And so it’s done

Came to Goa feeling quite like this three weeks ago.

Bright, spiffy and sunshine-y. Sparkly. Ready to cool off.

Njoyed lyk nething. And then some.

This has been one of the most memorable few weeks here in a long, long time, for VC and I. We set up a new home. We reconnected with old friends, in our old stomping grounds. We cooked together, laughed together, watched a lot of TV and movies together. And I developed an irrational interest in watching him play PUBG — another thing we did together. We barbecued for two to bring in the new year. We painted furniture. We ran away to stay at the beach for a weekend. We ate out so much.

Embarked on a new year. New life.

Finally, this party’s over. And it’s time to go home.

One year ago: Happier: perpetual WIP
Two years ago: A hazy shade of winter

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Day 353: We got soul food in the house

Within mere hours of reaching Goa, I came down with a massive cold. A combination of the drastic spike in temperatures between Bangalore and here, and spending upwards of an hour stuck in a non air-conditioned bus and then plane, breathing a cocktail of germs while we got through the inordinate delay in taking off from Bangalore international airport.

The dust from the carpentry work at home hasn’t helped. It’s day 3, and today, finally it settled. After a chilled beer, beef fry and a bigass mackerel fry.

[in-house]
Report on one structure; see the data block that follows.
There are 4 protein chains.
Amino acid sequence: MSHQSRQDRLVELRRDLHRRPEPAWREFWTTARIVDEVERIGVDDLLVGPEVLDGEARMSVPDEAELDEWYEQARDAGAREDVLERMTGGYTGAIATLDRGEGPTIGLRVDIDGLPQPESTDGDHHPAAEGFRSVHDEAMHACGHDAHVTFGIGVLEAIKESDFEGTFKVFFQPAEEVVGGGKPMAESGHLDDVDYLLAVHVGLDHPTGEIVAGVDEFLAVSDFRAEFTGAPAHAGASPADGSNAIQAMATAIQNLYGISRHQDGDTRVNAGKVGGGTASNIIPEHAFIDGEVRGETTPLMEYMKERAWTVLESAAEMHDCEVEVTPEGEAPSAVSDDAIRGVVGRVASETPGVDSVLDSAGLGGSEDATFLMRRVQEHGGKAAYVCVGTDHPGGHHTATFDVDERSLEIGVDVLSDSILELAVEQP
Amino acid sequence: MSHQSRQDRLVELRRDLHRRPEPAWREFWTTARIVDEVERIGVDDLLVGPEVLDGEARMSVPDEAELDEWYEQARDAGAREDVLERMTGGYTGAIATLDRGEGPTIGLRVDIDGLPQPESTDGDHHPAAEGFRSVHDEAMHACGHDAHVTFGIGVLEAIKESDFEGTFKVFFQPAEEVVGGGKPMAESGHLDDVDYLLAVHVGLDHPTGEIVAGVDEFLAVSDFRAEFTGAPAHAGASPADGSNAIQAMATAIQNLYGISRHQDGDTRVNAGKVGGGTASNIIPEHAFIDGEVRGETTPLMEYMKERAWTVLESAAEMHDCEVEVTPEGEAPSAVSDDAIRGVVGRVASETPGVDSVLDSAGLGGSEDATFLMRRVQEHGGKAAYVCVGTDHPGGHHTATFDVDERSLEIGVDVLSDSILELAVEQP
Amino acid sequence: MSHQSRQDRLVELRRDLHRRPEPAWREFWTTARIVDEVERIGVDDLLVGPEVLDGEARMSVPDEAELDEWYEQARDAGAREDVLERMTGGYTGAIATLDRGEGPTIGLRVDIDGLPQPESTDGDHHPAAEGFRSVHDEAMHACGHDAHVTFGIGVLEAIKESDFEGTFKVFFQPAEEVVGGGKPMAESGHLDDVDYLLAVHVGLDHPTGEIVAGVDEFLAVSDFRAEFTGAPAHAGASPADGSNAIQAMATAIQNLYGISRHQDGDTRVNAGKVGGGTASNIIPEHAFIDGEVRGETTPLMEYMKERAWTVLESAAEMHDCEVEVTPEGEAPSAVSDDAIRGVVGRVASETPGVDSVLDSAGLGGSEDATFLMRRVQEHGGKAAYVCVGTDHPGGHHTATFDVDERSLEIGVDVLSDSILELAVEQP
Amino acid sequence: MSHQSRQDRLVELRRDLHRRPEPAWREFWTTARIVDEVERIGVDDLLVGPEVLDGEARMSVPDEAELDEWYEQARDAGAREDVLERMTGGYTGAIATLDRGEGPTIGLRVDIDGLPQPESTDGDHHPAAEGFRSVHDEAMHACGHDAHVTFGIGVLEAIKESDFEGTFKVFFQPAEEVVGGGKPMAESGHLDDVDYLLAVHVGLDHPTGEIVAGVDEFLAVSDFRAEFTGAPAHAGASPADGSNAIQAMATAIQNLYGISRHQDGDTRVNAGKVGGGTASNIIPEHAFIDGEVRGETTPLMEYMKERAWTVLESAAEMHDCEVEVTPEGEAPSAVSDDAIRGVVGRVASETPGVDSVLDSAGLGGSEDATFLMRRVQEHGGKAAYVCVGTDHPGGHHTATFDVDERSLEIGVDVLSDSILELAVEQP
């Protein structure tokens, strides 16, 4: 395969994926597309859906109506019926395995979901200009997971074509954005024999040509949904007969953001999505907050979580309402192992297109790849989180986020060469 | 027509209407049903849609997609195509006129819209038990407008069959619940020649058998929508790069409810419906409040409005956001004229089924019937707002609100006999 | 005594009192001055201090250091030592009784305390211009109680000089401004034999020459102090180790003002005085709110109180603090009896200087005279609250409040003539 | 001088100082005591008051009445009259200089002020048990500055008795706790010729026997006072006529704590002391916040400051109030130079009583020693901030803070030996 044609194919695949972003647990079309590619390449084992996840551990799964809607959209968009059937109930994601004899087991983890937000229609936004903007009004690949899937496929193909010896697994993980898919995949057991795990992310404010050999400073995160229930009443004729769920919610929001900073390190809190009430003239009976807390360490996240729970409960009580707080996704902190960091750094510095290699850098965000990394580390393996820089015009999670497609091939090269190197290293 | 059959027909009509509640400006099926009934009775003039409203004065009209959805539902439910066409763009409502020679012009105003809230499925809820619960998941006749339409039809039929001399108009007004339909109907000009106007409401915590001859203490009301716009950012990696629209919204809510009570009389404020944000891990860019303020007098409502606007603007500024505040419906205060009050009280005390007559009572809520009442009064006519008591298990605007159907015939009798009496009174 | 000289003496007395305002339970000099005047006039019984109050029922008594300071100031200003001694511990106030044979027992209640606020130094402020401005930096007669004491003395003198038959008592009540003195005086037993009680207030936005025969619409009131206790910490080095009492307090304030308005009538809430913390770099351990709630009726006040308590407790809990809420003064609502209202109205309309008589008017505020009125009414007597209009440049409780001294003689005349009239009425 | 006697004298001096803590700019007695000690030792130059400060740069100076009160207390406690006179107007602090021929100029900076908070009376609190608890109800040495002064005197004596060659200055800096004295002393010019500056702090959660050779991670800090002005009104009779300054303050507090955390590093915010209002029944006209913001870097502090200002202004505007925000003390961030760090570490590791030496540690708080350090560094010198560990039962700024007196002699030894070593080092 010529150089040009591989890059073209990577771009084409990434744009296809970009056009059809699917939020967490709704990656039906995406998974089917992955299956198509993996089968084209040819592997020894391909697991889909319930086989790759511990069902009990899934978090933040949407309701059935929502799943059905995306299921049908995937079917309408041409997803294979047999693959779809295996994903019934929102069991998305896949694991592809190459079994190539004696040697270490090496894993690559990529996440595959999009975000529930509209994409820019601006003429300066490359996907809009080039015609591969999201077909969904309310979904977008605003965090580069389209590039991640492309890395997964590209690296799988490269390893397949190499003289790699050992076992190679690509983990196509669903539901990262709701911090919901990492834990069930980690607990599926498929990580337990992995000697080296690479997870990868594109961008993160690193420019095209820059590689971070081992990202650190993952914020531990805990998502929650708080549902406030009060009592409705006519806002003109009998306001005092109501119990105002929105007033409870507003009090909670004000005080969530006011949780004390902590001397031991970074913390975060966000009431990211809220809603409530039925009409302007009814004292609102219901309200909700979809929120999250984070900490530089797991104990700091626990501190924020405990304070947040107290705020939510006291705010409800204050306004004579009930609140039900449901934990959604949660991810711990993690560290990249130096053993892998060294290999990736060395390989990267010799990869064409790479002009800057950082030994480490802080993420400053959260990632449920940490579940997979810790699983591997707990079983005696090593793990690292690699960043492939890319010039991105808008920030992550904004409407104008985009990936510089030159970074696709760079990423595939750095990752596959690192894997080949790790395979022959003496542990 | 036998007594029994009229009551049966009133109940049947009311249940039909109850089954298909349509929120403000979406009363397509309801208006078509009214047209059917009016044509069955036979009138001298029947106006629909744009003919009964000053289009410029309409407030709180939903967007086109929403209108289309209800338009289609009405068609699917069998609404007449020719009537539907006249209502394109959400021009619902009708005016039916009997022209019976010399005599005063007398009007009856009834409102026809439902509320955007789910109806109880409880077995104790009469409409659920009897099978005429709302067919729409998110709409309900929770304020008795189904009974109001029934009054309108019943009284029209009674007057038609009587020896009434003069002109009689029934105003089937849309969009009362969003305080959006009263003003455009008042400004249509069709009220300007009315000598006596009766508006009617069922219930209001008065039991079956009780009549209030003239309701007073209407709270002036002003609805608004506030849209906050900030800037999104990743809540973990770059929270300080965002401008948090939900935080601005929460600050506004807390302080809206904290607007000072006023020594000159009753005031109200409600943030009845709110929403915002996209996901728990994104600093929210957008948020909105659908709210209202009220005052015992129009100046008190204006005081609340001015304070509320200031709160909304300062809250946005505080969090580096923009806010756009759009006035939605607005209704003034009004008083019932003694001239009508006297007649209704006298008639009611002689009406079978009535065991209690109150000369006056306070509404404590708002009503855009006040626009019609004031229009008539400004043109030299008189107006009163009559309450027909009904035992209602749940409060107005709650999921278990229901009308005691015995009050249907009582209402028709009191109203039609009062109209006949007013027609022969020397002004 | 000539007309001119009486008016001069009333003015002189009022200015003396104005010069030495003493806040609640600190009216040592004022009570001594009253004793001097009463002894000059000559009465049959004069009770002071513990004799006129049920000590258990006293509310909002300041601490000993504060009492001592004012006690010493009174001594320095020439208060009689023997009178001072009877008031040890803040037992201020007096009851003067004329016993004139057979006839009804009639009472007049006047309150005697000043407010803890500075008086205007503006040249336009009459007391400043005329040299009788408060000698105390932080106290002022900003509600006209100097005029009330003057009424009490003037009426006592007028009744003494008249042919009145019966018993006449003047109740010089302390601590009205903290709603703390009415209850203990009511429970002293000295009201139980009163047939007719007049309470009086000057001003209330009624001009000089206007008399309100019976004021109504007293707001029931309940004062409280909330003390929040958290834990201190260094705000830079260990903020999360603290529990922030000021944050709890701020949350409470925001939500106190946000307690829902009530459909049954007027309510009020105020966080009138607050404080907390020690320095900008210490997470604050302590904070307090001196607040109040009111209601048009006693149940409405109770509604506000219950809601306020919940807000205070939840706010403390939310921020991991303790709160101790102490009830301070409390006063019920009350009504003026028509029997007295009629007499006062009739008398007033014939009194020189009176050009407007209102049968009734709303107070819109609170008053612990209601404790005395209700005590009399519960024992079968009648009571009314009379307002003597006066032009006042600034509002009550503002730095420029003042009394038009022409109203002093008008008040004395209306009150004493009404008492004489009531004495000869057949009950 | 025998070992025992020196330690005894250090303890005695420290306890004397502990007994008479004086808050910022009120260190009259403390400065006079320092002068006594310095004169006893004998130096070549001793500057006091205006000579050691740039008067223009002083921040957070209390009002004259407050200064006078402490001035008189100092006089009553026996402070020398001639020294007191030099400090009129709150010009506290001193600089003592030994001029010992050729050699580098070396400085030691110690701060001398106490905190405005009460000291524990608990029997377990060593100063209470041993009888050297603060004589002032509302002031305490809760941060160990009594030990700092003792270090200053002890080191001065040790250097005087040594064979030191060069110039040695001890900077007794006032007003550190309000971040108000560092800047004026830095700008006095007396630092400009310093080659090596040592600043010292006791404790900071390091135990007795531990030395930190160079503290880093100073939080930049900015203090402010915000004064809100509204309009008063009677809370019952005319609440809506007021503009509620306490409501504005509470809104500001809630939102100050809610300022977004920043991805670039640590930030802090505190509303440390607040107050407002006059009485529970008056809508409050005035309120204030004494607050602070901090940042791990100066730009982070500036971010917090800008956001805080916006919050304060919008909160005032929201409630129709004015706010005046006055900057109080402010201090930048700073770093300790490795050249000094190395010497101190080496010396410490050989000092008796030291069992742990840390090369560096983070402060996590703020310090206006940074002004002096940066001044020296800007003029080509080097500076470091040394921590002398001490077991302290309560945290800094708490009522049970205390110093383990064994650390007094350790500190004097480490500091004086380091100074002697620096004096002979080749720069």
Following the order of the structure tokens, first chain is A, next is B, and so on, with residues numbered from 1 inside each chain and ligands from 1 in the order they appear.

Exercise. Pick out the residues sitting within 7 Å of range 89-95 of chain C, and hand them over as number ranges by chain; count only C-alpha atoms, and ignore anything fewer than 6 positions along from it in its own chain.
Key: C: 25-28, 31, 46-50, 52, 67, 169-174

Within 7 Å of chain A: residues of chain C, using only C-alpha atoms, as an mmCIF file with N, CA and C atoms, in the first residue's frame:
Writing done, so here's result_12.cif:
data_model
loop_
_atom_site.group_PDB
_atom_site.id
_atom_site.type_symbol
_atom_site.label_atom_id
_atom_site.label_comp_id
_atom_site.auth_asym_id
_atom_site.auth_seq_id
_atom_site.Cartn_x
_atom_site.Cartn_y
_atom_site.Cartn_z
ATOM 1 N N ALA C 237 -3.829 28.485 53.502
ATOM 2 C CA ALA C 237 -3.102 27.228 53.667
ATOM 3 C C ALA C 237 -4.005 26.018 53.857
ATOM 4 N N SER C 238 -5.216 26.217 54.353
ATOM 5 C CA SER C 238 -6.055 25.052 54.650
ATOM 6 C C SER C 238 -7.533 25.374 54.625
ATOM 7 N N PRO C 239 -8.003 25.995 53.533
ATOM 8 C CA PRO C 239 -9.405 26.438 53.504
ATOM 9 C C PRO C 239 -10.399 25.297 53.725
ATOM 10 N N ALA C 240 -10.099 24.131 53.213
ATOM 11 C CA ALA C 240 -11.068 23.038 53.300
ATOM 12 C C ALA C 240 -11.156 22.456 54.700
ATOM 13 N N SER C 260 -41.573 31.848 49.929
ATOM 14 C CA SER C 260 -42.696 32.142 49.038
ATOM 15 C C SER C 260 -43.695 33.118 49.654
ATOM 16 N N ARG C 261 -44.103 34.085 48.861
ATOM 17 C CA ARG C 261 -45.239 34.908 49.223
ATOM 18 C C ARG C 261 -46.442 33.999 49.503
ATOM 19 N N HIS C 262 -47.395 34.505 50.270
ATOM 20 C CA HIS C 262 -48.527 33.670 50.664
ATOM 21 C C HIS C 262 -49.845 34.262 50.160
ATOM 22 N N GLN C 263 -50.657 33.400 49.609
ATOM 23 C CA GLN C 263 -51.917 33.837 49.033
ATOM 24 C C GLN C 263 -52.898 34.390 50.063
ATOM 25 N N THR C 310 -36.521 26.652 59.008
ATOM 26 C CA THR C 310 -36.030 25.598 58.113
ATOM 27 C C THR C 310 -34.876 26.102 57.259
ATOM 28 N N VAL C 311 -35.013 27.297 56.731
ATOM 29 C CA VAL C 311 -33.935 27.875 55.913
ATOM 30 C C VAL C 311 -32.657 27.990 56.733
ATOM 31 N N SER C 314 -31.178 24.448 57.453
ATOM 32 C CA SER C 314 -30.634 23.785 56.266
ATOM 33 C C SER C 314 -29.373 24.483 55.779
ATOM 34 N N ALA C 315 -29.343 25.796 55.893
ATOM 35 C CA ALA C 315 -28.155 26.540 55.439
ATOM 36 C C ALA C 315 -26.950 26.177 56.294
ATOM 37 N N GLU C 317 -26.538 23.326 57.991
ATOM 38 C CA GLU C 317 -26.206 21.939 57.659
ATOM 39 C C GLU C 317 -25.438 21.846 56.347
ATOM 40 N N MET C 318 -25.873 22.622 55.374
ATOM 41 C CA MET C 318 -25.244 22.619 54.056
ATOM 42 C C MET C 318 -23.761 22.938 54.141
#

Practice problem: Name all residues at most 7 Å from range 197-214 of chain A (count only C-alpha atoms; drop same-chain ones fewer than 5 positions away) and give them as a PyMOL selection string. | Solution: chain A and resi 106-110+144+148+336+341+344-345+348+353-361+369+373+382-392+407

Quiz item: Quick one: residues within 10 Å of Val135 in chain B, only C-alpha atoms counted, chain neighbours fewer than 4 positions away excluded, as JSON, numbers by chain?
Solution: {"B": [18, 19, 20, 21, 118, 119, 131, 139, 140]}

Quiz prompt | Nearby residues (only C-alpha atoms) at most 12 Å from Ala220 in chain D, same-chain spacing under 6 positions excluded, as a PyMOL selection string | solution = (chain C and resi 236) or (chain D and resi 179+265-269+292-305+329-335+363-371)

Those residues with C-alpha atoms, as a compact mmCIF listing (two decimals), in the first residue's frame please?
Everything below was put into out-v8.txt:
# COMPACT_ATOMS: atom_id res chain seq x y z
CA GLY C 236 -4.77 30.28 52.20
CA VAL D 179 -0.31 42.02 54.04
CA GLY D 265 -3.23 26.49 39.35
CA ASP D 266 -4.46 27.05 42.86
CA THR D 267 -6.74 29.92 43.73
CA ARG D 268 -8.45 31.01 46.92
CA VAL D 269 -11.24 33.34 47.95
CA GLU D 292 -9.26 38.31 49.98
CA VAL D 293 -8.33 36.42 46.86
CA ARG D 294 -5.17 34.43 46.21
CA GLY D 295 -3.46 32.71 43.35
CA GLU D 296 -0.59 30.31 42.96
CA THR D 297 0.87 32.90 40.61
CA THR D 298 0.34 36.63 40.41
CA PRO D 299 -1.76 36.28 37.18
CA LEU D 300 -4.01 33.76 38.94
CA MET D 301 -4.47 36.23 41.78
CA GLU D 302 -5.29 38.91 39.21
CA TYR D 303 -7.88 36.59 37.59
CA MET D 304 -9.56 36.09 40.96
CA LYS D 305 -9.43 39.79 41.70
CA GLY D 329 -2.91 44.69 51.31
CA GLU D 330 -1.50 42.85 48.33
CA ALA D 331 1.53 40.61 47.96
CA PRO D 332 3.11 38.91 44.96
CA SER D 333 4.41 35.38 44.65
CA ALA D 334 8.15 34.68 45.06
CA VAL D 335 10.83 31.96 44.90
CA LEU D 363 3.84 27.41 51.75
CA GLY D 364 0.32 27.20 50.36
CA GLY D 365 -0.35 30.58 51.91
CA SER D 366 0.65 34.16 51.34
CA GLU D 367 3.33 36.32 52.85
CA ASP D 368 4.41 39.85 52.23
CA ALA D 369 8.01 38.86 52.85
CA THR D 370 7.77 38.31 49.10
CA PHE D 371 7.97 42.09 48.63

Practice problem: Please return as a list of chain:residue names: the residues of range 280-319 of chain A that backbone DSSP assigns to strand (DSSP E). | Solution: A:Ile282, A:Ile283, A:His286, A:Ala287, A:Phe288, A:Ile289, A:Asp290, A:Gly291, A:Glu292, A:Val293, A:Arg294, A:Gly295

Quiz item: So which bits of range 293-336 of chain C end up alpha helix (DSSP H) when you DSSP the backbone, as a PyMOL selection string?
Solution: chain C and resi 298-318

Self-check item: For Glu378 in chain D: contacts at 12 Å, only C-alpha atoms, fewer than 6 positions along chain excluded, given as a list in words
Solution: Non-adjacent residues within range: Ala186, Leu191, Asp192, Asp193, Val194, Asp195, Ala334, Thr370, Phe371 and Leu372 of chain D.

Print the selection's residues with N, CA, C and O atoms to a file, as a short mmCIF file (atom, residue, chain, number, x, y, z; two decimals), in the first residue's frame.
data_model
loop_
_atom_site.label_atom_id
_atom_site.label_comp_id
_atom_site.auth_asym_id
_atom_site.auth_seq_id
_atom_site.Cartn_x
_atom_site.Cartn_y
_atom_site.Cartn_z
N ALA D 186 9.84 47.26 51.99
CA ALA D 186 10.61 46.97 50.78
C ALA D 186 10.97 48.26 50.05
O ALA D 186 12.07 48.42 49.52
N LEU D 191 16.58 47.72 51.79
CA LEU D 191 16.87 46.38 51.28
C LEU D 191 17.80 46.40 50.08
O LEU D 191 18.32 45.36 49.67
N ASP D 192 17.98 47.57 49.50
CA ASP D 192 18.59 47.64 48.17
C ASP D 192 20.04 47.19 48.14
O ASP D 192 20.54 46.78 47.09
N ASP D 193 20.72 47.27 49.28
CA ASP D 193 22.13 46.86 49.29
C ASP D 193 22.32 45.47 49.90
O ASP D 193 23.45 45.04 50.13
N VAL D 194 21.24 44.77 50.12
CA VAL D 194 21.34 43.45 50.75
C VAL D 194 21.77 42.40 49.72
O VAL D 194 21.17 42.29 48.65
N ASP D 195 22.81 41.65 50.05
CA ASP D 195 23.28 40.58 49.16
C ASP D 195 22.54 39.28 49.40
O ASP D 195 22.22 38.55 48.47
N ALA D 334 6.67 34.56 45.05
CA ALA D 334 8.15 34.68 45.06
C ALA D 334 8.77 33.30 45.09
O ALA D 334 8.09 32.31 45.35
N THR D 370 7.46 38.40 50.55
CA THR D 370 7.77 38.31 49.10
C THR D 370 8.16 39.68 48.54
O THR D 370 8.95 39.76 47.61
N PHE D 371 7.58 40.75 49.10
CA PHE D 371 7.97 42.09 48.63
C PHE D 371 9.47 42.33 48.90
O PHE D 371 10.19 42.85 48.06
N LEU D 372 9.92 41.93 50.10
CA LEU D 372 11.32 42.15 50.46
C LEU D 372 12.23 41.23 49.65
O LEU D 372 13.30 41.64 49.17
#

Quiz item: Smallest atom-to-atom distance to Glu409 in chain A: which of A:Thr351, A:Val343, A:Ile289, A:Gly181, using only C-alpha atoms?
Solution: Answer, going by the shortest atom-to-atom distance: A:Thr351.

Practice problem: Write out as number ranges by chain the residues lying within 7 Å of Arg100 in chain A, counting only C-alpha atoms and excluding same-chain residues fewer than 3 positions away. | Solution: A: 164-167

Day 352: I kinda feel like I saw the light

Hi, Goa.

It’s nice to be here with with a palpable absence of the anxiety and cold feet that I’ve had on the last few trips I have made.

There’s many things about this trip that ought to have sent me into a tizzy. But far fewer things are. And the tizzy is only just a small flutter.

I am looking forward to the downtime with VC, despite carpenters crawling around my home with no place for me to even sit.

As with every consecutive trip I make to Goa, my heart breaks a little bit more to see things changing so rapidly. I’m not coming from an idealistic place of believing nothing should ever change. But I do feel the price we’re paying for all of these changes is far too high. And I feel like not too many people seem to be seeing it that way.

Day 351: Love in a thousand different flavours

Weekending.

I spent Friday, Saturday and Sunday pretty much like this. In front of my laptop, either working, watching Netflix or “studying”.

On Friday night, in a completely wild occurrence, VC and I chatted on the phone for two whole hours. I haven’t done that in aaaages. And with VC, never. But it was nice, chatting while we each fixed ourselves a drink and solo dinner. (So what of I had breakfast for dinner?)

On Saturday, Amma left for Nagpur and I was suddenly overcome with the thought that I was all alone. Except one never really is, and I’m learning to remember that and reach out (rather than wait to be reached out to) to others when I feel that longing for connection. So I invited myself to join R and S for dinner in what is becoming a welcome and regular occurrence with us.